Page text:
• morsjon

    Sometimes you need to fight fire with fire. There is no shortage of competition generally speaking – the problem is that the culture is the same throughout most of the industry. I see no libertarian solutions to this. In time maybe there will be technological solutions that allow these censorious companies to be totally dis-intermediated. It also helps that the power skirts will most likely run these companies into the ground within ten years.

  • bobby b

    “But if those who work for a company are not acting in its best interests, but in the interest of their own malevolence, can that company claim against them?”

    In the U.S., a shareholder in a corporation can do exactly that, through a shareholder derivative lawsuit. (The shareholder sues individual corporate officers, bringing the lawsuit in the name of the corporation.)

    It would be an uphill struggle in this case. The defendant officer would merely have to prove that NOT being proactive in quelling customers who have transgressed some societal norm has its own risks – i.e., mass attack by SJW types. If the defendant can show that there is even a small case to be made that he was actually protecting the company from social opprobrium, then, because of the workings of the “business judgment rule”, the derivative lawsuit will fail.

    (The business judgment rule is simply a common-law concept that grants an initial presumption to a corporate officer that whatever he does, he does in service to his corporation. It’s not enough to show that an officer decided wrongly – an officer has the right to make mistakes. To overcome this, a plaintiff must prove that the officer acted specifically and intentionally against the company’s interests. That’s a tough hurdle.)

  • FRASER ORR

    It is simple. When a major company or a group of them refuse to do business with a group of individuals, libertarian philosophy has a name for such a situation.

    It is called a “business opportunity”.

    And the people so rejected are called “future customers”.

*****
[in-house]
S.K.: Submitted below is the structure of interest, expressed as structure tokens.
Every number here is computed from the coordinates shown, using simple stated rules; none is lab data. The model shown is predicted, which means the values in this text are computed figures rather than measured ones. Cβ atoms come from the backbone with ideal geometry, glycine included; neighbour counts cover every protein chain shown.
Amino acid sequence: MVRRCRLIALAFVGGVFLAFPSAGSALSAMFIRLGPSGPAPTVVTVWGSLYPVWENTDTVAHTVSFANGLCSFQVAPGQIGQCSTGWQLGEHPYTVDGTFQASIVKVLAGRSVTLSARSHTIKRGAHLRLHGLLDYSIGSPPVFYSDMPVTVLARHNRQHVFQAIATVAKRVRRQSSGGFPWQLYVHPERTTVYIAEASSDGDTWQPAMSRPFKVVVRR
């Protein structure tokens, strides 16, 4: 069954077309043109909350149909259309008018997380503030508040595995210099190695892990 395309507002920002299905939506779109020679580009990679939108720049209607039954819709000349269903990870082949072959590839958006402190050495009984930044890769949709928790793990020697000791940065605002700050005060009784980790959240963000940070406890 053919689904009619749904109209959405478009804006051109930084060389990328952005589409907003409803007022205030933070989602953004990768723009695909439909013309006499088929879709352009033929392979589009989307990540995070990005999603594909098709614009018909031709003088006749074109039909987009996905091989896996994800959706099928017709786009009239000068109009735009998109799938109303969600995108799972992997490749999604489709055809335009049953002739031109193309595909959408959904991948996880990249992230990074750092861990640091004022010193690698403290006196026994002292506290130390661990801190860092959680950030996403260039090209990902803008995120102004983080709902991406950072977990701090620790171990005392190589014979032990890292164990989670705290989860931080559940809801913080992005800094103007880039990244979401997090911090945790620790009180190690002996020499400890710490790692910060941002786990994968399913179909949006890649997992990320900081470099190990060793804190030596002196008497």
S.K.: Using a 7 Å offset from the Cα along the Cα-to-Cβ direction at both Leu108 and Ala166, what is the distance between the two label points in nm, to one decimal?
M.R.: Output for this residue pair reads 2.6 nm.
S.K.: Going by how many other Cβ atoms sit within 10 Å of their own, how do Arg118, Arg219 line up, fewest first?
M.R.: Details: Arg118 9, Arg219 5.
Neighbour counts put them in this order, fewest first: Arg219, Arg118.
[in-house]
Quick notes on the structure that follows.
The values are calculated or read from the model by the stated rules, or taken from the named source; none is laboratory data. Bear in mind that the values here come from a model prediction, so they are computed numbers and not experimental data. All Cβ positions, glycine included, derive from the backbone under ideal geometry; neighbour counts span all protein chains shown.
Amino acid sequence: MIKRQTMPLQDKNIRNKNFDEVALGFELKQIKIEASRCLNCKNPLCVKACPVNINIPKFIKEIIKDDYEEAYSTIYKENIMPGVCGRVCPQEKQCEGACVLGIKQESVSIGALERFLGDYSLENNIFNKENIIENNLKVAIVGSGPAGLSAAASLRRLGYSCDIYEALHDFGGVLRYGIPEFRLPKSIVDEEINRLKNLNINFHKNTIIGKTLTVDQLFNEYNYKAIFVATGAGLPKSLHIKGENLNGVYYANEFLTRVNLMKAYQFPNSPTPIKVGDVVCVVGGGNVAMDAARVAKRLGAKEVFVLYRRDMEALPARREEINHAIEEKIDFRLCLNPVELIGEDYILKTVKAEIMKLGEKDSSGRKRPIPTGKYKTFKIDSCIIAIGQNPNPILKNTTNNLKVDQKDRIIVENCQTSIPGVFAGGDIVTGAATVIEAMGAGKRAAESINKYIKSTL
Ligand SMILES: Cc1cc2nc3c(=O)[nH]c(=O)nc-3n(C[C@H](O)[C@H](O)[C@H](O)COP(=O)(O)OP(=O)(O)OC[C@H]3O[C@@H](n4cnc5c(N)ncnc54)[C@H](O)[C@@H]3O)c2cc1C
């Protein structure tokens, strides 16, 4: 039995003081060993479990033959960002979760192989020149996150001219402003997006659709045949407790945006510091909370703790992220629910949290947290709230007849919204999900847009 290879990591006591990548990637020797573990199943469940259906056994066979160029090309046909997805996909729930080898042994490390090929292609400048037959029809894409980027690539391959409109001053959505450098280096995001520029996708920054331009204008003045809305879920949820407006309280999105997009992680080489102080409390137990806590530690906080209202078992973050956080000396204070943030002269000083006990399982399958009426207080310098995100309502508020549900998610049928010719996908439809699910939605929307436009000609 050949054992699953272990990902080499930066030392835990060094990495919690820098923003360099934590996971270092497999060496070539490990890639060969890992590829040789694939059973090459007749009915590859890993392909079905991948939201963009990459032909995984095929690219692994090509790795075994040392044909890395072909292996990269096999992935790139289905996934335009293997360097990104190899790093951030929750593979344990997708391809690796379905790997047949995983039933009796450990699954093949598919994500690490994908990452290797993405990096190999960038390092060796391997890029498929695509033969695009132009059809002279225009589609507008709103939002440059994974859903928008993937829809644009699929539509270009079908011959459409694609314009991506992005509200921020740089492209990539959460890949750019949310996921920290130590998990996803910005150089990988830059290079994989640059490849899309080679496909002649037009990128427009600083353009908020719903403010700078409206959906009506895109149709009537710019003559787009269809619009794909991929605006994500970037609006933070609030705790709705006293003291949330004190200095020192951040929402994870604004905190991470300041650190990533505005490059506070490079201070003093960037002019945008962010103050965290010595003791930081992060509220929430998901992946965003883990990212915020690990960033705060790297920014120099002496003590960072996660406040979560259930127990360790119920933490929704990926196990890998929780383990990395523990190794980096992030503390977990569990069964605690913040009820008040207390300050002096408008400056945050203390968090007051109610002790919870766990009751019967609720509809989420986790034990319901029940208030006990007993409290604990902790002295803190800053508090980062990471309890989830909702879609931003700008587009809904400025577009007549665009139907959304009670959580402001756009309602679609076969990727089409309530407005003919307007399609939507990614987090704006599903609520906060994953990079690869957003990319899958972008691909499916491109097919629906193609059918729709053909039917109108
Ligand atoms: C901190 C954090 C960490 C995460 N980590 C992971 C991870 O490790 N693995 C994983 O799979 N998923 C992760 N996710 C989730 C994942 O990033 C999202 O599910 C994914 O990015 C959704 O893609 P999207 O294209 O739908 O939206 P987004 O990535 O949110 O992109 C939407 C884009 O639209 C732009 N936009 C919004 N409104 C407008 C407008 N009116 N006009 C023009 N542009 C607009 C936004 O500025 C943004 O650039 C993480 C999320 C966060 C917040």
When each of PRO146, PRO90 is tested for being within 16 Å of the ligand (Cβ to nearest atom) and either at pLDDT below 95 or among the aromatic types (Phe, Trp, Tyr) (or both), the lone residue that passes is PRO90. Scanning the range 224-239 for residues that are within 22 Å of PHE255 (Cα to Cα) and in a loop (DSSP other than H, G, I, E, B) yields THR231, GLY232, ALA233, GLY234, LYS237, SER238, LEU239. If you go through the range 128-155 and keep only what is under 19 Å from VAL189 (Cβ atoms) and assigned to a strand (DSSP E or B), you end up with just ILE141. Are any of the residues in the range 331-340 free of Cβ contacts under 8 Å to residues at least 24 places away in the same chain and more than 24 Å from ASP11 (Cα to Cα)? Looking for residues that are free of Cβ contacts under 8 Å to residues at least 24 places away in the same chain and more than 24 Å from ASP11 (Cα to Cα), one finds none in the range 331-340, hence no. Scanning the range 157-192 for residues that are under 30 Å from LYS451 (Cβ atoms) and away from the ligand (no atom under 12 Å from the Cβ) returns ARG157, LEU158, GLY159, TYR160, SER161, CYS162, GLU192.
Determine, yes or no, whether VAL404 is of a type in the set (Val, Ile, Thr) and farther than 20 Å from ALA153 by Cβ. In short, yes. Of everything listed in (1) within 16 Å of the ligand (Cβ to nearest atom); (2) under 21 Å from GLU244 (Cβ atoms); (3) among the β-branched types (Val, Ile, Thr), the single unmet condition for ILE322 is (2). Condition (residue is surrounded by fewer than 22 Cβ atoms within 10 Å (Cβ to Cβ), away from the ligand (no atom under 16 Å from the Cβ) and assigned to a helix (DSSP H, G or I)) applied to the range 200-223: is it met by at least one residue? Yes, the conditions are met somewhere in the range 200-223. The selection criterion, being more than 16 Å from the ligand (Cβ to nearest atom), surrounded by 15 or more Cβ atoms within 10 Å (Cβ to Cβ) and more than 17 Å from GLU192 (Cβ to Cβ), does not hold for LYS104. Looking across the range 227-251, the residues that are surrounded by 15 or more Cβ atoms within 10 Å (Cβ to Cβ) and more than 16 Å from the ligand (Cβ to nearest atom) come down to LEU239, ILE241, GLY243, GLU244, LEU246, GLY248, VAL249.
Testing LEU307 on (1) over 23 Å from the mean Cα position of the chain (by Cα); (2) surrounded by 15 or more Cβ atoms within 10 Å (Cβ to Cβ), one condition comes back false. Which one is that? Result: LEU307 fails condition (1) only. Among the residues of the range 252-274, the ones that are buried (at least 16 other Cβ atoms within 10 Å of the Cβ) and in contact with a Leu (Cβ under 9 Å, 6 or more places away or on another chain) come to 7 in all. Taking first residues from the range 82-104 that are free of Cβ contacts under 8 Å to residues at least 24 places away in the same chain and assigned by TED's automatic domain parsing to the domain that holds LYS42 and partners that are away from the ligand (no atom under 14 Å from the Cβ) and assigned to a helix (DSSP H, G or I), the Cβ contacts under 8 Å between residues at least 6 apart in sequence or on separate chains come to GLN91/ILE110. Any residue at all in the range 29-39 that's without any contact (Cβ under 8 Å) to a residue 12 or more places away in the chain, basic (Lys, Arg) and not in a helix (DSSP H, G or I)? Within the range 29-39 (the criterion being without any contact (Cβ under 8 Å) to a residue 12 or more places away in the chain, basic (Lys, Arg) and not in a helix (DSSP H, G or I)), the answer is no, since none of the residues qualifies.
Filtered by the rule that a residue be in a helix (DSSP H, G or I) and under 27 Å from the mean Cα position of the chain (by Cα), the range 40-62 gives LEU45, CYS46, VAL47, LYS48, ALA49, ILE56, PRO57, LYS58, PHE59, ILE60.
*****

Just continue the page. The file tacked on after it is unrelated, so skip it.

• Jon

    Isn’t the problem here that online the ‘winner takes all’ much more effectively than they do offline- online monopolies carefully tend their patch while not treading on one another’s toes too much. There’s no physical barrier to entry, but the average human attention span is already too saturated by crap to care about a few nasty men’s right to speak their minds.

    Of course government likes monopoly too- monopoly on legitimate force, forcible collection of protection money etc.

    In a scenario where private monopolies choose to remove the effective right to publish, at anything like a profitable rate, in private, without due process, isn’t there a point at which the limited due process and semi-democratic demi-oversight of government is preferable?

    Just wondering…

  • Eric

    I wouldn’t assume there’s no state involvement here. In “Operation Choke Point” the Obama administration used federal regulators to force financial institutions to stop processing payments for legal businesses (like gun manufacturers and payday lenders) in an effort to cut them off from the banking system. The banks were not allowed to tell anyone it was being done at the behest of the government.

    I would be surprised if we’re not seeing something similar here. That particular program officially ended in 2017, but secret government programs have a way of just changing names once they’re discovered (in this case by the WSJ).

    Nice bank you got there. Be a shame if something happened to it.

  • Paul Marks

    I am good at bugging people J.P. – and people are bored of just seeing my words on this topic (via the comments) around here.

    It is not just one or two companies – it is general, the norm. Internet companies, financial services companies and-so-on. A culture of HATRED of Freedom of Speech which comes from the education system.

    For generations conservatives and libertarians have assumed that the threat to such things as Freedom of Speech and Freedom of Religion (and so on) comes from the government – and sometimes it does, for example teachers dismissed for not pretending that boys are girls and vice versa, some schools are essentially horror films with the use of drugs and surgery (on children) so vile I will not discuss it further (and all this is celebrated by the “mainstream media” which also celebrates 11 year boys working as “Drag Queens” at homosexual clubs).

    However, conservatives and libertarians are not prepared for the present situation where most (yes most) big companies work hand-in-hand with the education system and the government bureaucracy – and all of them (private as well as public) with utter hatred for Freedom of Freedom and so on.

    What to do?

    I do not know what to do. But if nothing is done – if, for example, the “payment processors” are allowed to hit dissenting companies and individuals on POLITICAL grounds (claiming that even the mildest dissent from “liberalism” is an “incitement to violence) then the West is on the road straight to Hell.